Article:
Amie Richardson: What Anzac Day means to me
"I'd like to make it to AnzacDay," Wayne told Seven Sharp's Hadyn Jones. It was February 2015, a day before my terminally-ill husband was about to embark on a week-long ride around the South Island on his orange Vespa as a fundraiser for blood cancer research.
Two months before he had been given three-six months to live. The lymphomas that were killing him were growing larger each day, after failing to respond to the massive quantities of various chemotherapy drugs pumped into his veins. The two months until AnzacDay seemed a long way away.
A former territorial who had aspirations of dying young in battle (up until New Zealand chose not to send troops to the 1991 Gulf War and he left the army), AnzacDay was Wayne's most important public holiday. He was compulsive in attending the dawn service and only ever missed one. His last.
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No doubt he was disappointed by my reaction to AnzacDay. Before I met Wayne, I had never attended a dawn service. I hadn't thought about war in positive terms since I played it with my brothers as a kid in the rocky hillside above our house in Alexandra. I was the Jenny to his Forrest – who knew all the words to Country Joe and the Fish and could quote from We Will Not Cease. Being more interested in the protest than the details, I didn't have many of my facts right – on any aspect of war itself, army numbers, reasons for and against going to war – so Wayne won those early arguments hands down.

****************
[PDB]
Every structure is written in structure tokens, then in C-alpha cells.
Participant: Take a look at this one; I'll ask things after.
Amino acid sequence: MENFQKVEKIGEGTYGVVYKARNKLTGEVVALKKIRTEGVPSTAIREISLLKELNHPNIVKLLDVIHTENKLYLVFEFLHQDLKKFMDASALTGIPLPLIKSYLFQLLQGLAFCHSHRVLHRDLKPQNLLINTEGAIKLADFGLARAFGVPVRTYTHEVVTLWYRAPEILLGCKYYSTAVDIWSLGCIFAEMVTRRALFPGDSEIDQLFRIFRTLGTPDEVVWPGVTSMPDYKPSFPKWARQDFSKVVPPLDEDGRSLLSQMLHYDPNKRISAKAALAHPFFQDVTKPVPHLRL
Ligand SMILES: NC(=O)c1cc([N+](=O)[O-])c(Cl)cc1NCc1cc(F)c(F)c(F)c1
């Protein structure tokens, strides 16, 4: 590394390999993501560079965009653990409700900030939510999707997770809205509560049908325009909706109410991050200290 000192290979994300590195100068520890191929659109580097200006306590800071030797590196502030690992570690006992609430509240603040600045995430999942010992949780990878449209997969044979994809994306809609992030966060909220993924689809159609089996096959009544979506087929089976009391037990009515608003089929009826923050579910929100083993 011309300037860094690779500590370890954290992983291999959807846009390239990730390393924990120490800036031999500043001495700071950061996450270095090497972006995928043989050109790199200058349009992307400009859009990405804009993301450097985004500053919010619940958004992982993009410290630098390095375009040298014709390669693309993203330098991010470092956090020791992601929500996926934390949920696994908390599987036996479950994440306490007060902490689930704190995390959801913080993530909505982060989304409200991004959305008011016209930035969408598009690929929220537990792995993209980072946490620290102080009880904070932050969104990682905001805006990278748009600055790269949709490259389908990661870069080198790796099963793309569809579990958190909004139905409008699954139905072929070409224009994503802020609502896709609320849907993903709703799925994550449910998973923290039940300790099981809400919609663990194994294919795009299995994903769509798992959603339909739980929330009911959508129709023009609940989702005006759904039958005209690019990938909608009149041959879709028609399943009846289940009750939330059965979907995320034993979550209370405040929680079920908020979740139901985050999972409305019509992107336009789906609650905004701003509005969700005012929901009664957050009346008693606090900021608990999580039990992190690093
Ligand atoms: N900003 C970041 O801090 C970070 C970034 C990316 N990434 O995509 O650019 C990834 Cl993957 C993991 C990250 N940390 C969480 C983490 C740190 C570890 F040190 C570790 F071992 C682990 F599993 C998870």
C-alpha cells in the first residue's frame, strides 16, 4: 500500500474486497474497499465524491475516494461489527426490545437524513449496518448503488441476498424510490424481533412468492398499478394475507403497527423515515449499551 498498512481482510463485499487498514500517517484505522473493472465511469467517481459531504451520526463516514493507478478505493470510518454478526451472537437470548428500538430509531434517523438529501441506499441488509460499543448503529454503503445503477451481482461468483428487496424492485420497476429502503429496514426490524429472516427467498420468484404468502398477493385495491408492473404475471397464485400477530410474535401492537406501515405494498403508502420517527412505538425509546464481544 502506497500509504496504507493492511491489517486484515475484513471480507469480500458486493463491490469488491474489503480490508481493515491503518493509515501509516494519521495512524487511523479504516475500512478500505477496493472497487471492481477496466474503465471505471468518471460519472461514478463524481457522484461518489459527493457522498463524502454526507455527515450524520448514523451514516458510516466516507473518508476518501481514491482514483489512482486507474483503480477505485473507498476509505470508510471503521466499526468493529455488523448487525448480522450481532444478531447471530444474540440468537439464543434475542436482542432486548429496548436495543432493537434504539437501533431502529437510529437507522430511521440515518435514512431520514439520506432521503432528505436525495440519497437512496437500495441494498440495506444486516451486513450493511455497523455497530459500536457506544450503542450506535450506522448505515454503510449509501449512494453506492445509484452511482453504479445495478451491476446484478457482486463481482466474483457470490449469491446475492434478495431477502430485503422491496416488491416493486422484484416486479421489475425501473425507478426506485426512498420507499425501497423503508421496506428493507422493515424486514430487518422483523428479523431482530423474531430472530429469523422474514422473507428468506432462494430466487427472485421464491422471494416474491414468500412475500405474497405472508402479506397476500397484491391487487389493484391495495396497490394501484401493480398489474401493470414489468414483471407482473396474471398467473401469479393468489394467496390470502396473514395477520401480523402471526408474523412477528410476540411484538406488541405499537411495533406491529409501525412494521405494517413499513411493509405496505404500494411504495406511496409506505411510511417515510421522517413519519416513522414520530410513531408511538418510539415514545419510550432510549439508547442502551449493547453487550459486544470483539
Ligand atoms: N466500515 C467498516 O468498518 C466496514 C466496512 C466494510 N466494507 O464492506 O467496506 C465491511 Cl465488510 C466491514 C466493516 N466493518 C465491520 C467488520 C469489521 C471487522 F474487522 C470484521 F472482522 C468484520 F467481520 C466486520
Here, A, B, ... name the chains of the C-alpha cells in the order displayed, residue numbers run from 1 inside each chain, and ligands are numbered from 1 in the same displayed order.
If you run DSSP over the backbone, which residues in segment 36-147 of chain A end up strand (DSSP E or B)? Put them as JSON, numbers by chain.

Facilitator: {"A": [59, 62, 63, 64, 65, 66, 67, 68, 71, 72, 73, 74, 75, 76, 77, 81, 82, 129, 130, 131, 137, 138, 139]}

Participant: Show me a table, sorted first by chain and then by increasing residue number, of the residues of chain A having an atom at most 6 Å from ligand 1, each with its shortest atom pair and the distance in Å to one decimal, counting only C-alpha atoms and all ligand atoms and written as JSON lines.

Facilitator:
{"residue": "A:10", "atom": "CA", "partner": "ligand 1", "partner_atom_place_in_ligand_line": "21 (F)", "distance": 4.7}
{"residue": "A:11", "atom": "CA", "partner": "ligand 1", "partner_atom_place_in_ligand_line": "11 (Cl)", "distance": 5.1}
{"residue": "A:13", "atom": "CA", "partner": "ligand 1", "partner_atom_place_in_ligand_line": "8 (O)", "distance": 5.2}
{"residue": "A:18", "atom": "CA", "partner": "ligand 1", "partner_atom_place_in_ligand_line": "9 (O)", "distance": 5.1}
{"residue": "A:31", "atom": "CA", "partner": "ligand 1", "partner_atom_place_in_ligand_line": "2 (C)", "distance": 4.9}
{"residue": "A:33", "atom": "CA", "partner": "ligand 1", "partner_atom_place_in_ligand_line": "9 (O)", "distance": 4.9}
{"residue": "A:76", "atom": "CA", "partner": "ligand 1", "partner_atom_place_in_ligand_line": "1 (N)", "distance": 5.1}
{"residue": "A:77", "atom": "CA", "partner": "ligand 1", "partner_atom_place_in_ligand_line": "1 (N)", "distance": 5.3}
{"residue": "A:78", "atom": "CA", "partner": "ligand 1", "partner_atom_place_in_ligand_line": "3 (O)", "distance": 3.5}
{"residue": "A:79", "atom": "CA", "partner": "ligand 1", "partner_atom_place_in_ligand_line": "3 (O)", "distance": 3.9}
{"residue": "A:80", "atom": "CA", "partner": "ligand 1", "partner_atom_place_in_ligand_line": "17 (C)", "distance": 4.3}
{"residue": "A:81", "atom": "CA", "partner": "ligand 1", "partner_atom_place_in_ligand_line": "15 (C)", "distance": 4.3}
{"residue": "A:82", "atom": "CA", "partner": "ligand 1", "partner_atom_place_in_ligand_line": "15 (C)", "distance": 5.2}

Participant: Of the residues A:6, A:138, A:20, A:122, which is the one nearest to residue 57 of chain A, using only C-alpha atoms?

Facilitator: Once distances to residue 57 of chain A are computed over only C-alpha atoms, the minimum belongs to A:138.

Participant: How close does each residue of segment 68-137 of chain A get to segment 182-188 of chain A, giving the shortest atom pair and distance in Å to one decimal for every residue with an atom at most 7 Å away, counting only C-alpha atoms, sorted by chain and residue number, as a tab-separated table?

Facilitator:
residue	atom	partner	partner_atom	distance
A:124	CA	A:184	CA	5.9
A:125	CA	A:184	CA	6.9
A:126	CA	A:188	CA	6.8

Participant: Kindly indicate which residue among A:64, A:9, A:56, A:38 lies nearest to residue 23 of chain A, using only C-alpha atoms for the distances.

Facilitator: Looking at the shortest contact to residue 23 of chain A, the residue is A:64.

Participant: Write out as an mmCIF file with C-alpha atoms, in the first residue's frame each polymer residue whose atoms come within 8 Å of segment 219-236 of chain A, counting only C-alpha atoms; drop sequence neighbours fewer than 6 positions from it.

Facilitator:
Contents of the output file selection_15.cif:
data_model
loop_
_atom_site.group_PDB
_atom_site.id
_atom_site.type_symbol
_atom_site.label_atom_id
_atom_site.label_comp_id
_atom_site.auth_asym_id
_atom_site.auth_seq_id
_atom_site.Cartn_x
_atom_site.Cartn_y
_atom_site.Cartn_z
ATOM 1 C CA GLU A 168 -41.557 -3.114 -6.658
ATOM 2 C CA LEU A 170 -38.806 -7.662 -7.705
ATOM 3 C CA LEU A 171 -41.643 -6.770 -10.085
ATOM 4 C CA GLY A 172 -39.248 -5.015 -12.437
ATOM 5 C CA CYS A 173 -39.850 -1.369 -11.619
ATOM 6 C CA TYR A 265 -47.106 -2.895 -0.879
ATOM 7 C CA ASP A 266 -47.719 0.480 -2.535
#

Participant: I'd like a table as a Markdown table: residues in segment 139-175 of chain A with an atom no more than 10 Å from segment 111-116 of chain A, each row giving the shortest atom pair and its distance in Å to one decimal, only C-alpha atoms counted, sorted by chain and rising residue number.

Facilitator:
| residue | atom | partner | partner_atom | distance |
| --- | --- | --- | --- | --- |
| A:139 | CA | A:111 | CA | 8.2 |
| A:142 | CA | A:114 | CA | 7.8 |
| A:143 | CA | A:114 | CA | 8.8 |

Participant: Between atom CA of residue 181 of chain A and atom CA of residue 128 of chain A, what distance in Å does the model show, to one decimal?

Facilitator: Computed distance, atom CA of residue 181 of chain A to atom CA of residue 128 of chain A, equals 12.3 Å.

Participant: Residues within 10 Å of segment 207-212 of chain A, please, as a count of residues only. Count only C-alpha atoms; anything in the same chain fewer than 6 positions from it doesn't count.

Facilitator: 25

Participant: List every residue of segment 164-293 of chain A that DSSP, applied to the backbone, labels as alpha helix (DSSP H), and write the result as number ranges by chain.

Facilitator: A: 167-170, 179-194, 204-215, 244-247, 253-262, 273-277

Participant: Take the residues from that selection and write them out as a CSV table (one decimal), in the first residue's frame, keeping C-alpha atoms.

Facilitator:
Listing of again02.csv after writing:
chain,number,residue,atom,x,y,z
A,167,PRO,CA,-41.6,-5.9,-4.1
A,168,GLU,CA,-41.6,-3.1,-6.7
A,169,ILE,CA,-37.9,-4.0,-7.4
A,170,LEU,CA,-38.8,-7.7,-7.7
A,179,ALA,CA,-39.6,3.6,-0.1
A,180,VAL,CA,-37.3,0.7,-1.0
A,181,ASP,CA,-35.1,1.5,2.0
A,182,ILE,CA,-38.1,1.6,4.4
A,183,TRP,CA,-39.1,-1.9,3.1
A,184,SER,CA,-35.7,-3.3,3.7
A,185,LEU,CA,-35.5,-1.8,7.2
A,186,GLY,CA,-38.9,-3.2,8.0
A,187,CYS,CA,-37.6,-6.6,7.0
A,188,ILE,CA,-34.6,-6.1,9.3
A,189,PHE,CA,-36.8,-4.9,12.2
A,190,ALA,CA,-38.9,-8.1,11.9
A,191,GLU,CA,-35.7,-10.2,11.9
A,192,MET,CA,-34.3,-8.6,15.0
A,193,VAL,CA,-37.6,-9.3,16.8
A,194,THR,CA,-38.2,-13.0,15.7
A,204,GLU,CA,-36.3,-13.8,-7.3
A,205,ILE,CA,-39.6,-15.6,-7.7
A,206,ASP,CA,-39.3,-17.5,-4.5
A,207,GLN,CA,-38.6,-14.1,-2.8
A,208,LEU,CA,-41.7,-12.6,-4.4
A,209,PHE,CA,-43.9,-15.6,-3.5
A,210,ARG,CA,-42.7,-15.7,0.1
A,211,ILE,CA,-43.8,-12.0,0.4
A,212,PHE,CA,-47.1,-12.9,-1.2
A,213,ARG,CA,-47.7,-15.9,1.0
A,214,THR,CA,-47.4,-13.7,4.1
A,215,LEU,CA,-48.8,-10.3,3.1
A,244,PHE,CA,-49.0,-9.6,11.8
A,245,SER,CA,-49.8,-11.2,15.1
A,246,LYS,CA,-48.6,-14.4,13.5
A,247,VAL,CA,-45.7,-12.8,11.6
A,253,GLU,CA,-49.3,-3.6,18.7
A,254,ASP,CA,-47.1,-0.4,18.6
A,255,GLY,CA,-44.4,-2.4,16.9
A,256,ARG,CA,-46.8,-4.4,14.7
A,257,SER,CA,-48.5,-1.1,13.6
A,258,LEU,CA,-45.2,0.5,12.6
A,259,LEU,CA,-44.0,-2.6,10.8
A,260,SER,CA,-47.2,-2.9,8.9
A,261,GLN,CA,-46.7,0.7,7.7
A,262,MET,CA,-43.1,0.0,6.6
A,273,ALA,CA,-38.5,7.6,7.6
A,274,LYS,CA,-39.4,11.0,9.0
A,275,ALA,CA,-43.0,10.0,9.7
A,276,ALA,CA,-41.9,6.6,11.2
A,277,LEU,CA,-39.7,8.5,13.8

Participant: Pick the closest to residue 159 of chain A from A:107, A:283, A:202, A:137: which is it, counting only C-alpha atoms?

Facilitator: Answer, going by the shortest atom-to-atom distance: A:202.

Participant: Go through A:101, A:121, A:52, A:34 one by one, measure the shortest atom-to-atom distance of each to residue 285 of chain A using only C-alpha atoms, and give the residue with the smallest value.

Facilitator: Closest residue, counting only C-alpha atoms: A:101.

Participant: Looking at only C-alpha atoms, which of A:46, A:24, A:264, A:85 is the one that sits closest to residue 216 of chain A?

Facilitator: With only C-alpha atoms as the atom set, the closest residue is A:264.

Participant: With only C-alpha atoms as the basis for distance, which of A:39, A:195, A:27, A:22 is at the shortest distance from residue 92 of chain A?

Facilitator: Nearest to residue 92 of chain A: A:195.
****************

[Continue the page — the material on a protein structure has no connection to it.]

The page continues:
Don't get me wrong. I believe absolutely we should commemorate those killed in war and honour those who return from the horrors of battle, but choosing the date of the landing at Gallipoli where Kiwi soldiers were slaughtered in the thousands seems a brutal reminder. But I guess that's the point.
On Tuesday, the boys and I will attend a dawn service at the Cenotaph in Dunedin's Queen's Gardens. It will be our second AnzacDay without Wayne. I'll tell them what this day meant to their dad and why it's important that we acknowledge it every year.
On his last AnzacDay, Wayne walked to the lookout over the Broad Bay Cemetery where he planned to be buried. At dawn, he took a selfie and posted it to Facebook for his friends and family. "Made it," he said.